## Frequently Use LED-Related Terminology:

1) | A lumen is a unit of standard measurement used to describe how much light is contained in a certain area. |

2) | A lumen is defined as one candela multiplied by one steradian, which can be expressed as: 1(lm) = 1(cd) x 1(sr). A related unit of measurement — although not part of the standard units — is the foot-candle, |

3) | The higher the number, the more light is emitted. |

1) | Measures energy required to light the product. |

2) | The watt is defined as “the power which in one second gives rise to energy of 1 joule”. In mechanical terms, a power of 1 watt can, in 1 second, move a mass of 1 kilogram through a distance of 1 meter with such force that the kilogram’s velocity at the end of the meter will be 1 meter per second greater than it was at the beginning. In an electric circuit, 1 watt is a current of 1 ampere at a pressure of 1 volt. |

3) | The lower the wattage, the less energy used. |

1) | In lighting design, “efficacy” refers to the amount of light (luminous flux) produced by a light source, usually measured in lumens, as a ratio of the amount of power consumed to produce it, usually measured in watts. |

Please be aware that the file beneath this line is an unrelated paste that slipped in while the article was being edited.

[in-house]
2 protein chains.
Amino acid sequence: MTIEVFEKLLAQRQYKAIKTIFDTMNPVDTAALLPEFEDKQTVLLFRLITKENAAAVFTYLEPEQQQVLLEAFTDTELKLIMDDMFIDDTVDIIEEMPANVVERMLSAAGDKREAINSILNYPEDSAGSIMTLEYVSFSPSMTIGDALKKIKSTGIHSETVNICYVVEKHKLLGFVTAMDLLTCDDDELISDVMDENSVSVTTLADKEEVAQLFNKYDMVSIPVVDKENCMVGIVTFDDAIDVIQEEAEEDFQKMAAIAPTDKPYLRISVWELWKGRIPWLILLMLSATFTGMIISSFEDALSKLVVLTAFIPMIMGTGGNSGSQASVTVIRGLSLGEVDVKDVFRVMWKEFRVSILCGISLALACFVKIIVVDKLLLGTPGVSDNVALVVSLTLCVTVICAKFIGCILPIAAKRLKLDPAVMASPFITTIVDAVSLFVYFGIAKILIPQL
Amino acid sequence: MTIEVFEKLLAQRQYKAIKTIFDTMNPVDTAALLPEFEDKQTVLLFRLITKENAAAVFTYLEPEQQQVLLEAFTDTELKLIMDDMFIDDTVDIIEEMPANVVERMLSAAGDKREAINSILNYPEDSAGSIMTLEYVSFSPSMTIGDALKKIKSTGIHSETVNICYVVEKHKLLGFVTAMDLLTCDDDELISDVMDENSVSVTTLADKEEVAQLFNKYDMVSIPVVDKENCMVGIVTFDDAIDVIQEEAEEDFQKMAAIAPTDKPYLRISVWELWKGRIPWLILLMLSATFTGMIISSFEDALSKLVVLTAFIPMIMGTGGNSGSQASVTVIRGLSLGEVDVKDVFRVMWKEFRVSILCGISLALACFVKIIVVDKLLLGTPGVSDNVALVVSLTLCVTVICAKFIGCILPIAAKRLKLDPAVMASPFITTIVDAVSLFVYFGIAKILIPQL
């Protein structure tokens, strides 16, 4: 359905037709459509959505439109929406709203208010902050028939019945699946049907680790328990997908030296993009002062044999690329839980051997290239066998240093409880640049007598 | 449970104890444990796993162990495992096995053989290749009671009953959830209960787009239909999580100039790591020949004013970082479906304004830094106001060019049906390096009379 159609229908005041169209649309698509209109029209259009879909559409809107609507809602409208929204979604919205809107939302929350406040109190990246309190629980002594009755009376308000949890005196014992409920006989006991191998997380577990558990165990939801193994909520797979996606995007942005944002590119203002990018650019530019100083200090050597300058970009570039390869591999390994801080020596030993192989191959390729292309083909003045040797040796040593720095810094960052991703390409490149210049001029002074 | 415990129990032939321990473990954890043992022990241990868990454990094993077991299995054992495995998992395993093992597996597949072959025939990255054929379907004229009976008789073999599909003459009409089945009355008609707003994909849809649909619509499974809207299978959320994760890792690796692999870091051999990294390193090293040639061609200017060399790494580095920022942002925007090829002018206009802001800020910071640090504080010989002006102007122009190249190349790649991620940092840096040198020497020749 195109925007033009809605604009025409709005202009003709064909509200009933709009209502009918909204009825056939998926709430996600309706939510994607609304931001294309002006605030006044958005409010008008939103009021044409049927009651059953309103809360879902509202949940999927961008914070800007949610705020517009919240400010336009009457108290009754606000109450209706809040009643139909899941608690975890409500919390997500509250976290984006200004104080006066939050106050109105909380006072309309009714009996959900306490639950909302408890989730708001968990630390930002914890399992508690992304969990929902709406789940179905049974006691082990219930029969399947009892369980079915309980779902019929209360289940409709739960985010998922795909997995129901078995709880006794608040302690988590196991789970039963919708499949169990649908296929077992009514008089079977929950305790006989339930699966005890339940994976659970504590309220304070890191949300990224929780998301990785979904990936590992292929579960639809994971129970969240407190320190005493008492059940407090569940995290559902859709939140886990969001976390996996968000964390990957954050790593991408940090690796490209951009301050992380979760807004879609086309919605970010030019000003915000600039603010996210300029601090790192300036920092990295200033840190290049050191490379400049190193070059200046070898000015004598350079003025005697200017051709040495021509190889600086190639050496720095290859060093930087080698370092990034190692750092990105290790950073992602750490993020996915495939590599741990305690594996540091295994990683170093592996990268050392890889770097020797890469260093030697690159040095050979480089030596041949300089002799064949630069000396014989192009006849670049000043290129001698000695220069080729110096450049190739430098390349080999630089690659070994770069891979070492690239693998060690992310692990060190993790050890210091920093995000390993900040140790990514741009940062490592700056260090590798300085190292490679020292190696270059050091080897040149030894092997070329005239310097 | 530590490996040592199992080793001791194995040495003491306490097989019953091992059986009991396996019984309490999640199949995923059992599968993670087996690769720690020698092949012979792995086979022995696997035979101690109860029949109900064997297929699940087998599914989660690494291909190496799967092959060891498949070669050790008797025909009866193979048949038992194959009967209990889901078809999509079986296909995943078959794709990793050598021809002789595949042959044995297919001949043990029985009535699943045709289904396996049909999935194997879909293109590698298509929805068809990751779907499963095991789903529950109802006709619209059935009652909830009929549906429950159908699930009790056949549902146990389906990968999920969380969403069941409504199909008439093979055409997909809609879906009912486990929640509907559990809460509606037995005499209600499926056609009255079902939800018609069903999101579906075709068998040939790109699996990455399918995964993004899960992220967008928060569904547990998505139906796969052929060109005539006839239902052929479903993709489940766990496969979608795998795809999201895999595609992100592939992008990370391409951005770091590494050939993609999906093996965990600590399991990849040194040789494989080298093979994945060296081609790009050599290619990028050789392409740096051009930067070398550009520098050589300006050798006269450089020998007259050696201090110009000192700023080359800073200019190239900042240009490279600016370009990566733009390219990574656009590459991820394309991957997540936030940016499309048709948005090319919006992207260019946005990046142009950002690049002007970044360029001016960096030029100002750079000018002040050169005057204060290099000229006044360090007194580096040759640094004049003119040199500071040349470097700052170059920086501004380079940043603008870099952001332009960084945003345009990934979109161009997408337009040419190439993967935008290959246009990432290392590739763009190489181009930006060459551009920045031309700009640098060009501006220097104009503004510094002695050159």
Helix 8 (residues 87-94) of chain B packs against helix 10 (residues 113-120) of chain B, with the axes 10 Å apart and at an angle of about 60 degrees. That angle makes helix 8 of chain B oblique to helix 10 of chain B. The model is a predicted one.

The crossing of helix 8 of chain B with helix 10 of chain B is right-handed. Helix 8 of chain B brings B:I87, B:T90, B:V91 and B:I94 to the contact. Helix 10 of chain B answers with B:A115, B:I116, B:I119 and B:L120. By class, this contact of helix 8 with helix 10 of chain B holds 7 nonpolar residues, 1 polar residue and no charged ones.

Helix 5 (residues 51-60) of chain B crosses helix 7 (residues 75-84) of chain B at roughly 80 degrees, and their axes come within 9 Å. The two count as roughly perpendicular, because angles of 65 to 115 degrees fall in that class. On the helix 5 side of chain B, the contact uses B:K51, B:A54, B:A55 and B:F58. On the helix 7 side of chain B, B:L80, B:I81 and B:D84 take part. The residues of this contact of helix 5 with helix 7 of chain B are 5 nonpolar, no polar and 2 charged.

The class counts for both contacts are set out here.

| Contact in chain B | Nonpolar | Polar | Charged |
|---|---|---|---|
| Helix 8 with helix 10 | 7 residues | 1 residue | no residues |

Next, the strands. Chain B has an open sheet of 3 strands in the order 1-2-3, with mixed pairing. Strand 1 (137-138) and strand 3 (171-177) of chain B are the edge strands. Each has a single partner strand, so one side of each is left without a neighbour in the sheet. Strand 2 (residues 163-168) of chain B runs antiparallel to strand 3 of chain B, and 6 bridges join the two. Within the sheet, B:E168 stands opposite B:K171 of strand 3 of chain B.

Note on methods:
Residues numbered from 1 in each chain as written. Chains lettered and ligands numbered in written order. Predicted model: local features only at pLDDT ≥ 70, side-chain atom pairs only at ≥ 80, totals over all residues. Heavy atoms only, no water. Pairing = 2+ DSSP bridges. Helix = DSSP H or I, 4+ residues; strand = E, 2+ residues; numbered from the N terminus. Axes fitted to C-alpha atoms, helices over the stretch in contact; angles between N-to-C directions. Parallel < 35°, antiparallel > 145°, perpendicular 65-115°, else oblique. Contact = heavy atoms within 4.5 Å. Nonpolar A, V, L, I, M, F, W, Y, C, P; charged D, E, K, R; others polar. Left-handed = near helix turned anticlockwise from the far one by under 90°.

2) | This is not to be confused with efficiency which is always a dimensionless ratio of output divided by input which for lighting relates to the watts of visible power as a fraction of the power consumed in watts. |

3) | The higher the number, the more efficient the product. |

1) | Color rendition is the effect of the lamp’s light spectrum on the color appearance of objects. |

2) | Scale of 0 to 100, used by manufacturers of fluorescent, metal halide and other nonincandescent lighting equipment to describe the visual effect of the light on colored surfaces. Natural daylight and any light source approximating a blackbody source is assigned a color rendering index (CRI) of 100. |

1) | Color Temperature of a light source is defined by its warmth or coolness and is expressed in degrees Kelvin. |

2) | Color temperatures over 5,000K are called cool colors (blueish white), |

3) | Lower color temperatures (2,700–3,000 K) are called warm colors (yellowish white through red) |